I was about one fourth of my way through The Little Paris Bookshop by Nina George when I spied a few reviews of the book on Goodreads. Half the reviewers gave the book high ratings. "Loved the book." So romantic." The other half were really down on the book. "Not what I expected." "Started off so strong and went down hill." Several of my blogging friends weighed in on both sides of the debate. Oh-oh. I was in trouble. I was still in the first fourth of the book and was enjoying it immensely but was I to expect a drastic down-turn soon? Dang it. Why did I read those reviews before I was done with the book. I felt like I was being poisoned. The only remedy was to keep reading and make up my own mind.
The book starts off so strong. Jean Perdu owns a little bookshop located on a barge in Paris. It is called the Book Apothecary. Perdu prides himself on being able to prescribe the perfect book for what ails a reader.
“Books are more than doctors, of course. Some novels are loving, lifelong companions;some give you a clip around the ear; others are friends who wrap you in warm towels when you've got those autumn blues. And some...well, some are pink candy floss that tingles in your brain for three seconds and leaves a blissful voice. Like a short, torrid love affair.” ― Nina George,
“There are books that are suitable for a million people, others for only a hundred. There are even remedies—I mean books—that were written for one person only…A book is both medic and medicine at once. It makes a diagnosis as well as offering therapy. Putting the right novels to the appropriate ailments: that’s how I sell books.”
“Perdu reflected that is was a common misconception that booksellers looked after books. They look after people.”
Patrons arrive at the bookshop unprepared for Perdu's ability to guess their malady and his canny ability to prescribe the correct book. Some stomp away in shock only to return later for the correct treatment. Very clever. For any book lover, like myself, this book seems like a perfect prescription for us.
Then, approximately one fourth of the way through the book the storyline seems to shift. We learn that Perdu is a victim of love spurned. It happened 21 years earlier and he has been living with a broken heart ever since. When a new woman enters his life he is forced to pull up stakes and confront his old hurts. He pulls up the stakes that attach his barge to the mooring sight in Paris and heads off to confront his past love, to mend his broken heart.
“Memories are like wolves. You can’t lock them away and hope they leave you alone.”
“He wished he could prop his fearful self up in a corner like a broom and walk away.”
“Do you know that there’s a halfway world between each ending and each new beginning? It’s called the hurting time, Jean Perdu. It’s a bog; it’s where your dreams and worries and forgotten plans gather. Your steps are heavier during that time. Don’t underestimate the transition, Jeanno, between farewell and new departure. Give yourself the time you need. Some thresholds are too wide to be taken in one stride.”Along the way Perdu picks up three passengers. Max, a young and insecure author without a muse. A Neapolitan cook, who creates wonders of cuisine in the tiny kitchen aboard. And an eccentric bookseller who is looking for a good kiss. At this point in the story the plot starts to feel a little like Three Men in a Boat by Jerome K. Jerome. Silly and farcical just bordering on funny, but not quite. Perdu has to grow through his pain to reach the ability to confront his past and move on. His companions all help him along the way but also distract from the story. I suspect this is where the reviewers either stopped reading or wallowed in the details long enough to give a negative report on Goodreads. At this point I found myself just wanting to finish the book. Since I was listening to the audiobook I couldn't skip pages or paragraphs so I bumped up the listening speed to 1.5. At this speed the text loses punctuation. Ha!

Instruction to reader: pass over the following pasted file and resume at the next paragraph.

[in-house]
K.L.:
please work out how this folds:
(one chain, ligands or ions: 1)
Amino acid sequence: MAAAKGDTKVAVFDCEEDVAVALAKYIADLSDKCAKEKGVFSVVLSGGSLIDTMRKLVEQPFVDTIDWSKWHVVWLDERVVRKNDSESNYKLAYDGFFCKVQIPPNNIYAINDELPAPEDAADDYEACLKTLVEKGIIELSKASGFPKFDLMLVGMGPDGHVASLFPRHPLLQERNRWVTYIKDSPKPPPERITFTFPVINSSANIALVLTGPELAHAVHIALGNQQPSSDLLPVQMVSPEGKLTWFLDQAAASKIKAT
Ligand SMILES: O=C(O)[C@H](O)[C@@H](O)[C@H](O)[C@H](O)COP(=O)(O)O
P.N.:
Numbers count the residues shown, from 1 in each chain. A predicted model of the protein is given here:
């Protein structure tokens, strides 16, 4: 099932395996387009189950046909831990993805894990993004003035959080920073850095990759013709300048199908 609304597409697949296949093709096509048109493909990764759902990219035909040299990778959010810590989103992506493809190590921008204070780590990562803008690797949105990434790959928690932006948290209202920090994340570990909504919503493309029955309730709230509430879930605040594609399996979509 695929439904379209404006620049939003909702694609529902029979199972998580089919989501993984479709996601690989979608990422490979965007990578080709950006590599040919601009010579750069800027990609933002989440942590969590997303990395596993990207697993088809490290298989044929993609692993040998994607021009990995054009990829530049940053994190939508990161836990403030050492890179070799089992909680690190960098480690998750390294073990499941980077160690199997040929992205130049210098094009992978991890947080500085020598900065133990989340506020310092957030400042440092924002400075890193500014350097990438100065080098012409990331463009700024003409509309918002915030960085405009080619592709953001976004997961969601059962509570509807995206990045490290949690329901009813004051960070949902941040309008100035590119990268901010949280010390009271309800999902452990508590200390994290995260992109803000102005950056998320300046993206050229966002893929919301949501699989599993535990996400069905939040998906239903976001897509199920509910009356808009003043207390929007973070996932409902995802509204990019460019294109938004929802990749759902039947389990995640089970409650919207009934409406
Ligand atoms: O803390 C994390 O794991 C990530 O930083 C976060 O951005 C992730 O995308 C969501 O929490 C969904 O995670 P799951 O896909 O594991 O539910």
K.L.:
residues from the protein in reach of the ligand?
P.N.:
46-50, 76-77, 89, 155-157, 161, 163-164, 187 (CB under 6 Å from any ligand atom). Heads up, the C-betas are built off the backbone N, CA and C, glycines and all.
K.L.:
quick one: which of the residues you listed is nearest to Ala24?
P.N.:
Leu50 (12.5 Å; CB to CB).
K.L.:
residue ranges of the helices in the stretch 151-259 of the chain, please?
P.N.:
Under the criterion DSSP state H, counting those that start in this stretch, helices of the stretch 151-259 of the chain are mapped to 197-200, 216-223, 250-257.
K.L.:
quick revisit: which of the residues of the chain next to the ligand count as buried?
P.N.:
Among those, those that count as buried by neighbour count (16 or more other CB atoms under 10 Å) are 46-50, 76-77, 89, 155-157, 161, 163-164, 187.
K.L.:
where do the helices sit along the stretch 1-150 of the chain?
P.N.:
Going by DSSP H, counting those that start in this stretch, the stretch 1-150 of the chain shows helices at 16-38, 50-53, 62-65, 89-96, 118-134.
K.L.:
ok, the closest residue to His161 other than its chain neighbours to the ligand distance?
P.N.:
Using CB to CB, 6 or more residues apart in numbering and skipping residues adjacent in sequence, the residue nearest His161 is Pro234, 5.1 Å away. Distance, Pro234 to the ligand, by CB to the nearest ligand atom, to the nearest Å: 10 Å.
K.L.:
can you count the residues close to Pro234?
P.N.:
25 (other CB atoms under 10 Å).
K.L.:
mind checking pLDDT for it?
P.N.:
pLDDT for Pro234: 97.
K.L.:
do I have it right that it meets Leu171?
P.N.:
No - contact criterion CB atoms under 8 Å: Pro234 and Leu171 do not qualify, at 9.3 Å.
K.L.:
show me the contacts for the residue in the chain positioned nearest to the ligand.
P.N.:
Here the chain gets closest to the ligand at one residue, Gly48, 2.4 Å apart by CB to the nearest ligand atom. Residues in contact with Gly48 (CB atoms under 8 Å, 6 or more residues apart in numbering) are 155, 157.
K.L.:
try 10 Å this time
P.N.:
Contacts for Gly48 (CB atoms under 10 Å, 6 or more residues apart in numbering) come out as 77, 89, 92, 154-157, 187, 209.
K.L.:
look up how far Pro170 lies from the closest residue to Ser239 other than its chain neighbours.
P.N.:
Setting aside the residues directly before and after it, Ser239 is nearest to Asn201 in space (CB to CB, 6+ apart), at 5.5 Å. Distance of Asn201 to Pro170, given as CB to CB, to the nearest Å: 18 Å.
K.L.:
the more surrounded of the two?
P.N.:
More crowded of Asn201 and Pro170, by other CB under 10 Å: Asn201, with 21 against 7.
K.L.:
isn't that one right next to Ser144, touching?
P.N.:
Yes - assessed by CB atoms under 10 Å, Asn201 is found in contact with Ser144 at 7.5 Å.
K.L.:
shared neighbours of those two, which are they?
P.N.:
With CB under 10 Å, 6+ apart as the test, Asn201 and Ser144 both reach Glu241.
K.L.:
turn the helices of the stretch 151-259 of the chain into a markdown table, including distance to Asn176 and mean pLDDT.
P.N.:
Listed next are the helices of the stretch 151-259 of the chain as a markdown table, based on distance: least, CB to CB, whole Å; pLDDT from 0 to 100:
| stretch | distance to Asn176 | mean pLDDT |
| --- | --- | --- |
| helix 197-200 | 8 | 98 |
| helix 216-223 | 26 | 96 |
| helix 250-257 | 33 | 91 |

“I need to cry some more. I'll drown if I don't...Sometimes you're swimming in unwept tears and you'll go under if you store them up inside.”
“Fear transforms your body like an inept sculptor does a perfect block of stone...It's just that you're chipped away at from within, and no one sees how many splinters and layers have been taken off you. You become ever thinner and more brittle inside, until even the slightest emotion bowls you over. One hug, and you think you're going to shatter and be lost.”In the last fourth of the book Perdu is finally ready to do the hard work to recover himself and to open his heart to new love. The ending is satisfying and I understand the reviewers who commented on how romantic the book felt.
My personal favorite part of the book is all the quotable bits. I kept marveling that the book was translated from French yet the quotes in English are so lovely and speak to my heart. Quotes like all the ones I have attached here kept me reading and allow me to give the book a positive rating of 3.5.
“Love is a house. Everything in a house should be used—nothing mothballed or ‘spared.’ Only if we fully inhabit a house, shunning no room and no door, are we truly alive. Arguing and touching each other tenderly are both important; so are holding each other tight and pushing the other away. We must use absolutely every one of love’s rooms. If not, ghosts and rumors will thrive. Neglected rooms and houses can become treacherous and foul….”Have you read the book? What did you think?